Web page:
News
11.11.2013
Filling a Cavity
SHoP and BBB to remake long-vacant Lower East Side site.
Courtesy SHoP

After decades of controversy, and bitter contention between community groups and politicians, the Bloomberg Administration has announced its plans for the future of the Seward Park Urban Renewal Area (SPURA). Located along Delancey and Essex Streets in the Lower East Side, the precinct remains the largest tract of undeveloped New York City–owned land in Manhattan, south of 96th Street. The proposed mixed-use development, to be called Essex Crossing, will transform over six acres of under-utilized land into retail markets, restaurants, office space, entertainment spaces, and one thousand new apartments. While the overall plan for the site will be designed by SHoP Architects and Beyer Blinder Belle, the glassy, modern buildings will be designed by various architects.

The redevelopment project arose from five years of collaboration between community stakeholders, grassroots local leadership, and elected officials working together in partnership with the city to reshape the long-neglected area. Through the provision of key services such as affordable housing, educational and cultural amenities, developers will attempt to build on the area’s rich history and add to a vibrant neighborhood that is undergoing rapid gentrification. The venture represents $1.1 billion dollars of investment by Delancey Street Associates.

 

   
While SHoP and BBB are master planning the site, the design of the development's towers will be contracted to various architects.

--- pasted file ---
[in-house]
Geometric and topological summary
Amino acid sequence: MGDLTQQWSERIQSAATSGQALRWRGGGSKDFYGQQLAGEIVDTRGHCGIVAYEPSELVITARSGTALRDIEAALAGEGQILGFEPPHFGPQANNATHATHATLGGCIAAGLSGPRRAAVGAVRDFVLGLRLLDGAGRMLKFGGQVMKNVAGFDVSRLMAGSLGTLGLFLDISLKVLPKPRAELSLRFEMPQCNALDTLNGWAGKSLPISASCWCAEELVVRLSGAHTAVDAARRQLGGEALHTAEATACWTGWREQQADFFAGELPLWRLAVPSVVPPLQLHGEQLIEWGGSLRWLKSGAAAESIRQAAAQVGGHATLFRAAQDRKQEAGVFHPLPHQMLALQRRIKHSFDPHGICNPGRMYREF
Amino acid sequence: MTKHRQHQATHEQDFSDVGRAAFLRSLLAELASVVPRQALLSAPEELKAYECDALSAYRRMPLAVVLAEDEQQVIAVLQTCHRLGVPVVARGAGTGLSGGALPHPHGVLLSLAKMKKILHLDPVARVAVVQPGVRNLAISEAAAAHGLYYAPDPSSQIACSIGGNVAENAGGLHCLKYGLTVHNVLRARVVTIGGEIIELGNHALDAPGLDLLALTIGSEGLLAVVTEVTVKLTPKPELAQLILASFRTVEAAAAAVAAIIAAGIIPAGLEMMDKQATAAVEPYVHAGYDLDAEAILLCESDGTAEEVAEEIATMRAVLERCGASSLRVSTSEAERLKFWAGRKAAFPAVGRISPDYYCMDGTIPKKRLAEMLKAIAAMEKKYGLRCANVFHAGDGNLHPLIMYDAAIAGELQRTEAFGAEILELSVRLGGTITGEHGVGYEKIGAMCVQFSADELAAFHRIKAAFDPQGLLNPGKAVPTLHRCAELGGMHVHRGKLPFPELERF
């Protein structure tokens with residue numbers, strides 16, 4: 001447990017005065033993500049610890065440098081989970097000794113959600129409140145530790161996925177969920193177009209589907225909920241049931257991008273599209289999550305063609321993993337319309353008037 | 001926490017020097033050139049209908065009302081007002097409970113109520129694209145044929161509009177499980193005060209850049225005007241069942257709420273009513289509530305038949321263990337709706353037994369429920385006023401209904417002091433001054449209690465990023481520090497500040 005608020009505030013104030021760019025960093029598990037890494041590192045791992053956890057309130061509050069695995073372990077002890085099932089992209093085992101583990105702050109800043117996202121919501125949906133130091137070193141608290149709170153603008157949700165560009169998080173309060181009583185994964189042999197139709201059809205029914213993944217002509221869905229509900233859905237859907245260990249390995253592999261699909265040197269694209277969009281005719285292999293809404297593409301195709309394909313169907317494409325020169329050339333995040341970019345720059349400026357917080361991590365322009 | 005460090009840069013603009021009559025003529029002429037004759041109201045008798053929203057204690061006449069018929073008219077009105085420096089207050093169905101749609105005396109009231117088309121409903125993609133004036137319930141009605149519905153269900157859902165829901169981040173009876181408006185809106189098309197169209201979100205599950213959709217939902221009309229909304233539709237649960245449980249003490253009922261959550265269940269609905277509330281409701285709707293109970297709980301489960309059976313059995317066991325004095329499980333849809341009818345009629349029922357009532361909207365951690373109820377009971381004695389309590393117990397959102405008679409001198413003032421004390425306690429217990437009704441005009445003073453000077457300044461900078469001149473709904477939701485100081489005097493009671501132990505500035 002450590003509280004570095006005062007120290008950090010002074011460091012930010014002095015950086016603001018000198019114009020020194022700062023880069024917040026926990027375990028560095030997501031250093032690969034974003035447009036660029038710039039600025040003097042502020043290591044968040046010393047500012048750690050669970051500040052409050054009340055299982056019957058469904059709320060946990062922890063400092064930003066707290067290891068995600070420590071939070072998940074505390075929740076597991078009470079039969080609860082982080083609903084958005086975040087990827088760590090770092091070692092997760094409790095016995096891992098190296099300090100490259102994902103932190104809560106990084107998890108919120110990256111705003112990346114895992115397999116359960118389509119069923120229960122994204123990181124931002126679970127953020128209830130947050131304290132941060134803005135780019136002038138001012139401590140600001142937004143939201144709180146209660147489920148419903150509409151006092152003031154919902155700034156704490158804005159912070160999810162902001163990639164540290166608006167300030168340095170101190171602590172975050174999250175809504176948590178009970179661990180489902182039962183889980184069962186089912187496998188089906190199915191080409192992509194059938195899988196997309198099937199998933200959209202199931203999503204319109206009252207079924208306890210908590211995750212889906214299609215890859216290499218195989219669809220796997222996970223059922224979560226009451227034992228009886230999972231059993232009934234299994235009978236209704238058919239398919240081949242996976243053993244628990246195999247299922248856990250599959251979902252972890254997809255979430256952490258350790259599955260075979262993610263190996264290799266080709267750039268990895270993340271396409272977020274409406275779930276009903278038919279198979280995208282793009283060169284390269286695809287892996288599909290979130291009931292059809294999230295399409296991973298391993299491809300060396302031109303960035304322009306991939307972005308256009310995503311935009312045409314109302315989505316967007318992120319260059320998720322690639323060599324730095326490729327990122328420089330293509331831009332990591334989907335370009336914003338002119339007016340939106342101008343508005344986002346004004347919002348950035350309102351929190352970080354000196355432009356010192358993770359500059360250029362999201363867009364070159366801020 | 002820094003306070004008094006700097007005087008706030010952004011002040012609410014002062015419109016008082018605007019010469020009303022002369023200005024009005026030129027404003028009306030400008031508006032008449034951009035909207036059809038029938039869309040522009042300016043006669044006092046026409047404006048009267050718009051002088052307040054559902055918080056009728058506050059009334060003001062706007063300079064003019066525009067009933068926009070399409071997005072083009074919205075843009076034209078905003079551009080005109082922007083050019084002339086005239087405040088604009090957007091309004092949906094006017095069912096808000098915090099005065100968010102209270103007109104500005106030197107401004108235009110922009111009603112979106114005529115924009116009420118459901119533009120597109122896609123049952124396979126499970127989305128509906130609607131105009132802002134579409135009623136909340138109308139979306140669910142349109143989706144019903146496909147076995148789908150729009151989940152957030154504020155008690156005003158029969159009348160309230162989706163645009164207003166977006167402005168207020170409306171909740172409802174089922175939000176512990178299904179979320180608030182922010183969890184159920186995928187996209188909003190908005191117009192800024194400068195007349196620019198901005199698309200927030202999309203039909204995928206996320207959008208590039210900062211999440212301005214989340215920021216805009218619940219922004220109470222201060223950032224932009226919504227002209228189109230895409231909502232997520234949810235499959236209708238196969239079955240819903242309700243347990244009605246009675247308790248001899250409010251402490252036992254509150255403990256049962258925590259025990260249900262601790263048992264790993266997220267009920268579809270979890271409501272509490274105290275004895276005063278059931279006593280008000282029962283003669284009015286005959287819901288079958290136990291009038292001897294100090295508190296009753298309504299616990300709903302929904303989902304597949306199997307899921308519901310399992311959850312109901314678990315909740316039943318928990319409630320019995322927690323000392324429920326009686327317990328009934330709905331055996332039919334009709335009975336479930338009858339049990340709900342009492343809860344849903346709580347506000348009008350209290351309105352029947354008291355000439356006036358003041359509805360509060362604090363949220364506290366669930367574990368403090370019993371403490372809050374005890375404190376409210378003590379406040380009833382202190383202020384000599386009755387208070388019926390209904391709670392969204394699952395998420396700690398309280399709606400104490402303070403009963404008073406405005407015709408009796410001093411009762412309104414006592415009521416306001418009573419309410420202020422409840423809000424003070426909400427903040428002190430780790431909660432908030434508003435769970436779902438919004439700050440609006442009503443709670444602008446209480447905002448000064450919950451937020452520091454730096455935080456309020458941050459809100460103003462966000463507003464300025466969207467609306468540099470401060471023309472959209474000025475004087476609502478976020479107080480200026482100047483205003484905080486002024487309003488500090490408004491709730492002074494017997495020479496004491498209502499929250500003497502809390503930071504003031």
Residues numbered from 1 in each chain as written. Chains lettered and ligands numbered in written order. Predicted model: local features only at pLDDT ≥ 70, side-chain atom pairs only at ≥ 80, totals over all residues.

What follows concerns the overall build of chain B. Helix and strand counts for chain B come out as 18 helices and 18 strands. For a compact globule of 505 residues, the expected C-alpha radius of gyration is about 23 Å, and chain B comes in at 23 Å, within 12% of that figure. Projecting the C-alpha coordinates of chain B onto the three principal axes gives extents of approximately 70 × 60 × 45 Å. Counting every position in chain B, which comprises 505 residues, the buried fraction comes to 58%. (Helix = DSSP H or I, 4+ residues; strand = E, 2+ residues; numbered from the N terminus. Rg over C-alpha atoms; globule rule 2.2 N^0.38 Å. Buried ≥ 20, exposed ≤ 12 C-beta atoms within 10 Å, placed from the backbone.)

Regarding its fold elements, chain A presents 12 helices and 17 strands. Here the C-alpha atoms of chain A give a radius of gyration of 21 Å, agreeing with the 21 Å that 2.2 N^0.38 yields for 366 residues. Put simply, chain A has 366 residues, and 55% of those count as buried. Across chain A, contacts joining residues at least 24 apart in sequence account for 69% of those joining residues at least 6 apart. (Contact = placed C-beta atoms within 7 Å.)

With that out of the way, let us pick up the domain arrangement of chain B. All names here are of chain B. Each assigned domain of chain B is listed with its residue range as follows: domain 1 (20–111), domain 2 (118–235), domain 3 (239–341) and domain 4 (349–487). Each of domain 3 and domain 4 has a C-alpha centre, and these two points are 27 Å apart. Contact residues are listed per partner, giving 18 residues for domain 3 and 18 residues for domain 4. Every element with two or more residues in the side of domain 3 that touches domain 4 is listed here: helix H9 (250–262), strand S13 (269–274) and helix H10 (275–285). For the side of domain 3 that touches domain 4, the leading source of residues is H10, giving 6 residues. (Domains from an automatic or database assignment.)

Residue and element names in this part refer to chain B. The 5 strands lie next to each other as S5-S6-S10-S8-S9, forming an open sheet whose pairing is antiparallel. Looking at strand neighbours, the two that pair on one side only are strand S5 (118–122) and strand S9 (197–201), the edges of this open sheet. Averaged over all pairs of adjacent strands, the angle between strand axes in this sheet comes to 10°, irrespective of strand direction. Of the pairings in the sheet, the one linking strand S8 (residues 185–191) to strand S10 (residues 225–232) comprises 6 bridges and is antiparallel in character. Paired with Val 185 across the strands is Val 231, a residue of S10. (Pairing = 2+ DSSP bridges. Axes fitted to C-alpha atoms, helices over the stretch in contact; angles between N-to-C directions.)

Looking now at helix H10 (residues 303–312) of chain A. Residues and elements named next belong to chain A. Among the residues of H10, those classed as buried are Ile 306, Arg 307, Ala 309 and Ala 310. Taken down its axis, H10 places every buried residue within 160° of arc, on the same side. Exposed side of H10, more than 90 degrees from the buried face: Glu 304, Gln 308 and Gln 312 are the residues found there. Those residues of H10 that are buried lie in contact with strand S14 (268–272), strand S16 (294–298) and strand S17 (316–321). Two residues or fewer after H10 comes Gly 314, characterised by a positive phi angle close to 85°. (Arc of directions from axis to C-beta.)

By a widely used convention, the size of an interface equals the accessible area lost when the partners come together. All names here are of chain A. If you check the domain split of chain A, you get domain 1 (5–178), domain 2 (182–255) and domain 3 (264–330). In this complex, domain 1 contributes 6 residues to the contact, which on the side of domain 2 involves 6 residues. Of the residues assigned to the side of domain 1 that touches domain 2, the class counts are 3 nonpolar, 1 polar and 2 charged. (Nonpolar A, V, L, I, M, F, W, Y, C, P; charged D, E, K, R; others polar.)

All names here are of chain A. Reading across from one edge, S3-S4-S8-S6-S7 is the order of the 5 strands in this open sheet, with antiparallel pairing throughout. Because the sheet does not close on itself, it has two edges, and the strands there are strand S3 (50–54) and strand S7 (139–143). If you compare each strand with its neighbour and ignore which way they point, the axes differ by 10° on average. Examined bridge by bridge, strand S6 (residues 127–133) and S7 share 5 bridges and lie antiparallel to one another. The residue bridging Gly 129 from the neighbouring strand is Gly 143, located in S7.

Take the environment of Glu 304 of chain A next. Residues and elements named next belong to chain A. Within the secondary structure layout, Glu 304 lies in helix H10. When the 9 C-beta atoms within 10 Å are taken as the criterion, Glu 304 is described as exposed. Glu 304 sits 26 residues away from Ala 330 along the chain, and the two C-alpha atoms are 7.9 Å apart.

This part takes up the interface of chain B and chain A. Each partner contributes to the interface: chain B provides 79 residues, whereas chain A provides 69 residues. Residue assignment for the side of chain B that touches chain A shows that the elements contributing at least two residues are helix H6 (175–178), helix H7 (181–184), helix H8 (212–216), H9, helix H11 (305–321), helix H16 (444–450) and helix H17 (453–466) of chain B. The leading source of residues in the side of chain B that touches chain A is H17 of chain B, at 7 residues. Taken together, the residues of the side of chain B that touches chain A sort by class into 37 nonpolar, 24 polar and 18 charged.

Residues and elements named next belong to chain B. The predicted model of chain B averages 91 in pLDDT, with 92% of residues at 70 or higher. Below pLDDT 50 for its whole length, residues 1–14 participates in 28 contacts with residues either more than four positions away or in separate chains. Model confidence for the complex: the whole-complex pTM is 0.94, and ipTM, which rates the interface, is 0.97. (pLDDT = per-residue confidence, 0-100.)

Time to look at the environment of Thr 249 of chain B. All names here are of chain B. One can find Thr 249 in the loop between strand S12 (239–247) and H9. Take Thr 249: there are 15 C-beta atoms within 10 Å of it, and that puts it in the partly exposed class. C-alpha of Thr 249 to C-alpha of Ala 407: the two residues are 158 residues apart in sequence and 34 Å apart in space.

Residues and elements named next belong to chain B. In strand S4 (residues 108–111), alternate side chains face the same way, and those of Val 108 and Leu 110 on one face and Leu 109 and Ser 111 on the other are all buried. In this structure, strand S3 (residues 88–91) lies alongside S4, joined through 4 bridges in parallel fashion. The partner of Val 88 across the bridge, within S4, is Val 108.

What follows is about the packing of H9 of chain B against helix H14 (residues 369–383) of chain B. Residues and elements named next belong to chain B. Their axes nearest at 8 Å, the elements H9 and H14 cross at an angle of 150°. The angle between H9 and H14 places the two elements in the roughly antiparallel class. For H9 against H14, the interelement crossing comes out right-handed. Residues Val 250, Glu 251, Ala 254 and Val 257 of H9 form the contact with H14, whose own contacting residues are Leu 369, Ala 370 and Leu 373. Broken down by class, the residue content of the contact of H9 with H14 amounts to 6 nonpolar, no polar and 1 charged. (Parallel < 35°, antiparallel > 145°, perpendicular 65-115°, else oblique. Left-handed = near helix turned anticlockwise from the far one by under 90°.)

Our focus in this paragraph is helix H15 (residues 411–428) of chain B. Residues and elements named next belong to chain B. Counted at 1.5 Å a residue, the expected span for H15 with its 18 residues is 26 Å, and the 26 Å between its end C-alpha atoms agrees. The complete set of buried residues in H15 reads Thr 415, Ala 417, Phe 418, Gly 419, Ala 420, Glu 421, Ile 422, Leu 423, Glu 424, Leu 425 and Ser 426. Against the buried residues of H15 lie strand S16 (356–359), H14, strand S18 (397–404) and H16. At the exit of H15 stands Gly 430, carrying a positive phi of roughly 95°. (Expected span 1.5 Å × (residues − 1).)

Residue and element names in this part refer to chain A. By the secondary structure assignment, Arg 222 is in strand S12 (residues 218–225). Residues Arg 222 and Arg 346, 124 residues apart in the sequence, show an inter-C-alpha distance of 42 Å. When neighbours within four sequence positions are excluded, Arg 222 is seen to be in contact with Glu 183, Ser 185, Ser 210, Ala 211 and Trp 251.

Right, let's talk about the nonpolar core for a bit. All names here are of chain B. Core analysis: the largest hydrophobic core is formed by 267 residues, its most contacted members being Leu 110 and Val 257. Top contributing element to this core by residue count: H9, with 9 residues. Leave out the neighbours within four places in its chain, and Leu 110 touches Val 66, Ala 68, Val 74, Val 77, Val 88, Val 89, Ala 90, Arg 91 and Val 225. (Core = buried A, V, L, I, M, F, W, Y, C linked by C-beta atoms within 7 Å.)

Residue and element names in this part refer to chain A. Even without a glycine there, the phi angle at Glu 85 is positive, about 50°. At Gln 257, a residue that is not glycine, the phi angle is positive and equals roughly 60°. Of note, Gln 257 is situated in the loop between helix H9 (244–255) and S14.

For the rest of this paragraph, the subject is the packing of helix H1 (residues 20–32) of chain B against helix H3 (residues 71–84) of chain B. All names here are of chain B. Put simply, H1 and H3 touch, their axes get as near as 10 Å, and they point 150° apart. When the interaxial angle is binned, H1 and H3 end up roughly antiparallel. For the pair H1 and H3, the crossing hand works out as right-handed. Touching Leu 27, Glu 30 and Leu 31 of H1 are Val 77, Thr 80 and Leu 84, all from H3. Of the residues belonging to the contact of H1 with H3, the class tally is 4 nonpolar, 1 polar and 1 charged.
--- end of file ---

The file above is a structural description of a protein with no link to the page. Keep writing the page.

“The winning proposal reflects the priories of the local community that were articulated during the multi-year community planning process,” said City Planning Commissioner Amanda Burden in a statement. “This development plan exemplifies key principles of great urban design and community building by enhancing the pedestrian experience of these currently underutilized blocks within the Lower East Side.”

Housing affordability is a huge consideration in the venture, with 50 percent of the one thousand new apartments being planned for low- to middle-income earners and senior citizens. Part of the entertainment amenities will include a movie theater, bowling alley, and an Andy Warhol Museum. Educational facilities will consist of schools for early childhood, senior citizens, as well as a parcel of land being reserved for a public school which may be developed in the future by the School Construction Authority.

 
 

One of the unique components of the development will include a space to be known as “the Market Lin,” which will comprise a series of natural light-filled spaces for small-to-medium sized vendors. The planned concourse of vaulted archways between Essex and Clinton Street will host a range of tenants from retail and food, to a center dedicated to learning craft skills and producing handmade merchandise. Based on community needs, the project will also include a large grocery store and fitness center.

The location of the site continues to grow as a tech corridor, connecting downtown Brooklyn, Dumbo, the Lower East Side, and the new Applied Sciences campus on Roosevelt Island. As a means of capitalizing on the growing markets, the development will incorporate 250,000 square feet of new office space.

It remains to be seen how this ambitious project will achieve a seamless integration into an existing neighborhood that has been overlooked for decades. Deputy Mayor Robert K. Steel said in a statement: “This project is the pinnacle of urban development in 2013. It has all the hallmarks of a Bloomberg administration project: transforming an underutilized asset into a place that serves the diverse needs of the community.”

Stela Rahman